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Thread: Neg carrier

  1. #31

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    You gotta be kidding, Thomas? Ever own even an old ordinary Ektagraphic slide projector? They made different lenses for slides sandwiched in glass mounts than for ordinary unsupported mounts
    because the film always popped with the heat. You let the rig heat up first to get things popping the correct way. Of course, everyone knew that if you wanted a crisp auditorium image rather than
    the kind of vacation shots Aunt Maud showed on her kitchen wall, you always mounted them in glass. Was that a different kind of film??? Maybe a cold light is a little "colder" than a halogen bulb,
    but in principle it's just a matter of time.

  2. #32

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    Spotting the hell outa the print? Do you always have a pillow fight in the darkroom before each printing session? ... Actually a glass carrier reduces spotting if correctly used. Here's how ... you
    very precisely align everything, use the lens at an optimized fairly wide aperture, and focus only on
    the emulsion itself. Also helps to have a longer than "normal" lens relative to format for shallow depth of field. That way minor bit of whatever even on the backside of the film, and on the glass itself don't come into sharp focus. (Yeah, I always used diffused sources)... Since I do a lot of masking for color work, life would be utter hell otherwise. But there are a lot of other tricks to working clean too...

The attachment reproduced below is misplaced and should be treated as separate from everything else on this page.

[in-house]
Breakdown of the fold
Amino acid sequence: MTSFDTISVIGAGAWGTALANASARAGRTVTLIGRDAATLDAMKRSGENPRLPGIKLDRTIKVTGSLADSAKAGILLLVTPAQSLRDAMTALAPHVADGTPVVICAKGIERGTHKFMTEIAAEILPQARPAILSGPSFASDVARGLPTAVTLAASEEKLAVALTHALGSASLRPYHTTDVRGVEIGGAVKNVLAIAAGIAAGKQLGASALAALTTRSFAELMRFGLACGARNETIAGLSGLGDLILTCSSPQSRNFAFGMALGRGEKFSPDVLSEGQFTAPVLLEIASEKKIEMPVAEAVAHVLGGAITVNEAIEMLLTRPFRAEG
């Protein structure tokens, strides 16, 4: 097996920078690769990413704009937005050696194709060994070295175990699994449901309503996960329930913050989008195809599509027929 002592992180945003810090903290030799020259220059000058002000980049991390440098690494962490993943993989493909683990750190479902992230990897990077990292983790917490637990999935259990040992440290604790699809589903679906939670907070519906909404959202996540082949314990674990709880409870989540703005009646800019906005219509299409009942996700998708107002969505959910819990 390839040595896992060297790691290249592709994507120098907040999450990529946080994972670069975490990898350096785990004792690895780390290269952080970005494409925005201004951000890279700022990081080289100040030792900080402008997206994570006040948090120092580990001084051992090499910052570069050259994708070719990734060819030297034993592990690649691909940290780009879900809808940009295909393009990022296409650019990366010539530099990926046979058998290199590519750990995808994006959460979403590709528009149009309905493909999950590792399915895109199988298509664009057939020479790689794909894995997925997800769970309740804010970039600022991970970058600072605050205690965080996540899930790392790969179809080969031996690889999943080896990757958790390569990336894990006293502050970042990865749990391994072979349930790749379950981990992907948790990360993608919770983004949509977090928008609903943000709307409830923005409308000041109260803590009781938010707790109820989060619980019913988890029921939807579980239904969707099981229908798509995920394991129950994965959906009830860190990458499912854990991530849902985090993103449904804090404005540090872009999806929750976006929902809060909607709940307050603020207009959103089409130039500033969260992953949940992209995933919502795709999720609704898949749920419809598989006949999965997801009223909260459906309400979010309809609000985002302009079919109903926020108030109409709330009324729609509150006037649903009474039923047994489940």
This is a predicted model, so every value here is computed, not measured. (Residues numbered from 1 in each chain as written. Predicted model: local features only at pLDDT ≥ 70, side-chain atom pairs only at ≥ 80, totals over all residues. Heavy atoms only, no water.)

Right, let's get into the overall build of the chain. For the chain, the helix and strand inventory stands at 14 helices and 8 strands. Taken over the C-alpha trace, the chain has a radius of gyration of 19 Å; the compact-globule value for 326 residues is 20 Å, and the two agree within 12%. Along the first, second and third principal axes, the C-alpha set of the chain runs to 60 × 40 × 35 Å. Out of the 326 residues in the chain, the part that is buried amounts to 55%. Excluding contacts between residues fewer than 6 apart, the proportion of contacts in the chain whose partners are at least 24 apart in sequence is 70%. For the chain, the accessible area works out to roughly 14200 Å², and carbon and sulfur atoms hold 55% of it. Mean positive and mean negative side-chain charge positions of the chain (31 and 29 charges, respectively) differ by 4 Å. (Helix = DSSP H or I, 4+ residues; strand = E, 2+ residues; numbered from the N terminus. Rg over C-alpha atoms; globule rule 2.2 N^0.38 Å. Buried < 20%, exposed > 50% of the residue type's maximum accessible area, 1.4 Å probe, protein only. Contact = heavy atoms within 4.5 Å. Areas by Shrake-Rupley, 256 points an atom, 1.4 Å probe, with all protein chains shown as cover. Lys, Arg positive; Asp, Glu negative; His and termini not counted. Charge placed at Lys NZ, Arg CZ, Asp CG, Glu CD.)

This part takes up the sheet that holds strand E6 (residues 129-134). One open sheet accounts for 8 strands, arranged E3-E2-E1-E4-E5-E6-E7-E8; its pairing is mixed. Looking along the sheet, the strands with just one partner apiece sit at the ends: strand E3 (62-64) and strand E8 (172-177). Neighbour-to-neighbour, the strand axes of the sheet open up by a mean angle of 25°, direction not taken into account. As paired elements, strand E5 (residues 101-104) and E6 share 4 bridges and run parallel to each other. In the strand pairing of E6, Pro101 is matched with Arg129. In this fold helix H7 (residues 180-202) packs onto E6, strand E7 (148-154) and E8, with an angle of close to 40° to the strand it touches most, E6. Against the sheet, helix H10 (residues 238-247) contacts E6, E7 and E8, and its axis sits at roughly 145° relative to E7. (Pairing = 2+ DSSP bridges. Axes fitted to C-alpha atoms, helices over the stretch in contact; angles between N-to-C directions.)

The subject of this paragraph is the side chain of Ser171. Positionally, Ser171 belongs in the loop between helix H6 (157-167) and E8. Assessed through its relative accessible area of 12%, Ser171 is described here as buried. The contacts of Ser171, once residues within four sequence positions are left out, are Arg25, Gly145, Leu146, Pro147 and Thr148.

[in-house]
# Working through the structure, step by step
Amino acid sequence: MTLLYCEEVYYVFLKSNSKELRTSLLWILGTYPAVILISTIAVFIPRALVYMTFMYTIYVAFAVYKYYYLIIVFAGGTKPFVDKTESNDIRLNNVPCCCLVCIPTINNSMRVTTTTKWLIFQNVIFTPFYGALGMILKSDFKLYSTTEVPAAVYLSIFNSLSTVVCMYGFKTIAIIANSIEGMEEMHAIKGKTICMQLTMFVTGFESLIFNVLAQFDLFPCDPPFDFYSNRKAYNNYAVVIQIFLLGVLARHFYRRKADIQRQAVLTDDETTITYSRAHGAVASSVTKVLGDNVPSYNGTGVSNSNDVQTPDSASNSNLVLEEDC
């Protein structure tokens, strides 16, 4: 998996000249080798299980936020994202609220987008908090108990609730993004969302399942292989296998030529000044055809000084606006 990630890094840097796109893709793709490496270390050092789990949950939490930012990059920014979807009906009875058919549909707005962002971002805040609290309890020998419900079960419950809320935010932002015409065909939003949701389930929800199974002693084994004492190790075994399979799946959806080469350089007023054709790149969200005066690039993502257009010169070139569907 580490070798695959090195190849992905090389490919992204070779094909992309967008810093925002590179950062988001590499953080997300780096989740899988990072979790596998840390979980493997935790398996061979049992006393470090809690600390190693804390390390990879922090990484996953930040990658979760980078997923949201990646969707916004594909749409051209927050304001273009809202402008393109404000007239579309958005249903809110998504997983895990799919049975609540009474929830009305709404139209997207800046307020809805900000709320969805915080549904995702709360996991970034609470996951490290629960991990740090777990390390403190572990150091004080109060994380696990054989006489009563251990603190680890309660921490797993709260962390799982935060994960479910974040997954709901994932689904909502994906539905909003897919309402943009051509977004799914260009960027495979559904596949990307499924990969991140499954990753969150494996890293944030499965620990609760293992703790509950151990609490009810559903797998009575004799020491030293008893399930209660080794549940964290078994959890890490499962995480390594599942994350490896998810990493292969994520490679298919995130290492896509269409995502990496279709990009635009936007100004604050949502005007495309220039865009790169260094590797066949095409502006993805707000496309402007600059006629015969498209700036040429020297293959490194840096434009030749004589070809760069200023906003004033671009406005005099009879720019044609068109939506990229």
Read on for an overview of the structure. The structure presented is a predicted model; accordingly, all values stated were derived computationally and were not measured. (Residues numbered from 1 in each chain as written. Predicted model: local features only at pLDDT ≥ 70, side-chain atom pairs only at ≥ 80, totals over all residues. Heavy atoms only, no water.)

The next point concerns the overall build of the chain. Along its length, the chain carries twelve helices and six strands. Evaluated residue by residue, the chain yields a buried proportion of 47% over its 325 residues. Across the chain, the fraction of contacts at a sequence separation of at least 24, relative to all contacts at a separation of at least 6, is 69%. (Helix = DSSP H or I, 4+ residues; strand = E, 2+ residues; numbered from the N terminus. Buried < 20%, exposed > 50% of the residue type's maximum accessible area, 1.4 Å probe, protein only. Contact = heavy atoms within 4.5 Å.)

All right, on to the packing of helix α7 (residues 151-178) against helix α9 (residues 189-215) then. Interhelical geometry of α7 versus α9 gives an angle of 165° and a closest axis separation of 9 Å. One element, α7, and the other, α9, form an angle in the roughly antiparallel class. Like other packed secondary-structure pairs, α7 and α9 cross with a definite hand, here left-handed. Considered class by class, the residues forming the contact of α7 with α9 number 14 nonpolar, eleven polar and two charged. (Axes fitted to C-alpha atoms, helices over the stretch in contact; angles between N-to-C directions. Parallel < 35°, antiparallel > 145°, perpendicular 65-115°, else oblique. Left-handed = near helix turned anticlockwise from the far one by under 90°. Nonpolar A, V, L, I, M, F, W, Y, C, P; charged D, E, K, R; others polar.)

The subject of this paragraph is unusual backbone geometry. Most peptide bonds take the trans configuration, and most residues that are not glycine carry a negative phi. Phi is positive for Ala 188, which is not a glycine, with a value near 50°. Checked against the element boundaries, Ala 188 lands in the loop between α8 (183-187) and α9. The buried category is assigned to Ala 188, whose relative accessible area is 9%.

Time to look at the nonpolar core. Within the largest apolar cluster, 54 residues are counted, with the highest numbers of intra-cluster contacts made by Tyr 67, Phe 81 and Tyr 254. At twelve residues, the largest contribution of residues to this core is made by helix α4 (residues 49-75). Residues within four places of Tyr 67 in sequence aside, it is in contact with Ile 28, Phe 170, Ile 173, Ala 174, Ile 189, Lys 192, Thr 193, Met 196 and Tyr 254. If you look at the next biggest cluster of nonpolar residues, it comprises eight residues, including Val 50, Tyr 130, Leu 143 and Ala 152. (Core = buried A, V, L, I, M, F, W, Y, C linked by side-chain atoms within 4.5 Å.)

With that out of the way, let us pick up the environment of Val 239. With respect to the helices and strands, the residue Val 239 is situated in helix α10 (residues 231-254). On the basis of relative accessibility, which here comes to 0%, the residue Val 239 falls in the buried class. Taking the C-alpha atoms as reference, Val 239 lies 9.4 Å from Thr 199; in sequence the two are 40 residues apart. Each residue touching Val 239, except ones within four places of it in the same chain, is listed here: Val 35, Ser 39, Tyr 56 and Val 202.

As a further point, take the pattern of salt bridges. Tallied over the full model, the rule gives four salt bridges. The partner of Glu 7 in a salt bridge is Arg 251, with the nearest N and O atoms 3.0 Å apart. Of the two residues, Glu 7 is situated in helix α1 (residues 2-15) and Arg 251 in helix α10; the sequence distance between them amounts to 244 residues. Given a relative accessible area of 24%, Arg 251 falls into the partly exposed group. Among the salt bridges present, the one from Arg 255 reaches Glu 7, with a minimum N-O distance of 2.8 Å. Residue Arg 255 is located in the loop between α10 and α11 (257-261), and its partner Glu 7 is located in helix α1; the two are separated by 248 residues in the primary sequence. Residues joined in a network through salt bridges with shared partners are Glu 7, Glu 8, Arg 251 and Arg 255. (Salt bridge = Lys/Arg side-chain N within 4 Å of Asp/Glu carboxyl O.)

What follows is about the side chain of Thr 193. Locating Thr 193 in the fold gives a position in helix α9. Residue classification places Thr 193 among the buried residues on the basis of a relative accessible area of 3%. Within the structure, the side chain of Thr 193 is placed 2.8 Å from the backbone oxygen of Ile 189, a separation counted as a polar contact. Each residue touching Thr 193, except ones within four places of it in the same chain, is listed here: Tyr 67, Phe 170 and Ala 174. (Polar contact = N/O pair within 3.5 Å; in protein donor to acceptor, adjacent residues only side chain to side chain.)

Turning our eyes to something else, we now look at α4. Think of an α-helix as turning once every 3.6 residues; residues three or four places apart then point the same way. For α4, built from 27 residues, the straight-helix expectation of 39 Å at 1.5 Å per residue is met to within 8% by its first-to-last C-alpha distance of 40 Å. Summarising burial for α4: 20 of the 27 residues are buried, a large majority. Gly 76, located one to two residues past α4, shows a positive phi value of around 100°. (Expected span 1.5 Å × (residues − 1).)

3. #33
    cliveh's Avatar
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    As mentioned when starting this thread, I’m with the glassless camp. For me simplicity is king and as Thomas points out he can’t see a difference in prints up to 11 X 14. I print both 35mm and 6cm X 6cm in a glassless carrier. The less air to glass surfaces the better. The comparison with slide projection does not hold up as the lamp is usually on for a much longer time generating more heat and as for popping, how long do you have the enlarger on? Surely the picture is more important than micro science considerations.
    Last edited by cliveh; 03-21-2012 at 04:34 PM. Click to view previous post history.

    “The contemplation of things as they are, without error or confusion, without substitution or imposture, is in itself a nobler thing than a whole harvest of invention”

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  4. #34
    Thomas Bertilsson's Avatar
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    Quote Originally Posted by DREW WILEY View Post
    Spotting the hell outa the print? Do you always have a pillow fight in the darkroom before each printing session? ... Actually a glass carrier reduces spotting if correctly used. Here's how ... you
    very precisely align everything, use the lens at an optimized fairly wide aperture, and focus only on
    the emulsion itself. Also helps to have a longer than "normal" lens relative to format for shallow depth of field. That way minor bit of whatever even on the backside of the film, and on the glass itself don't come into sharp focus. (Yeah, I always used diffused sources)... Since I do a lot of masking for color work, life would be utter hell otherwise. But there are a lot of other tricks to working clean too...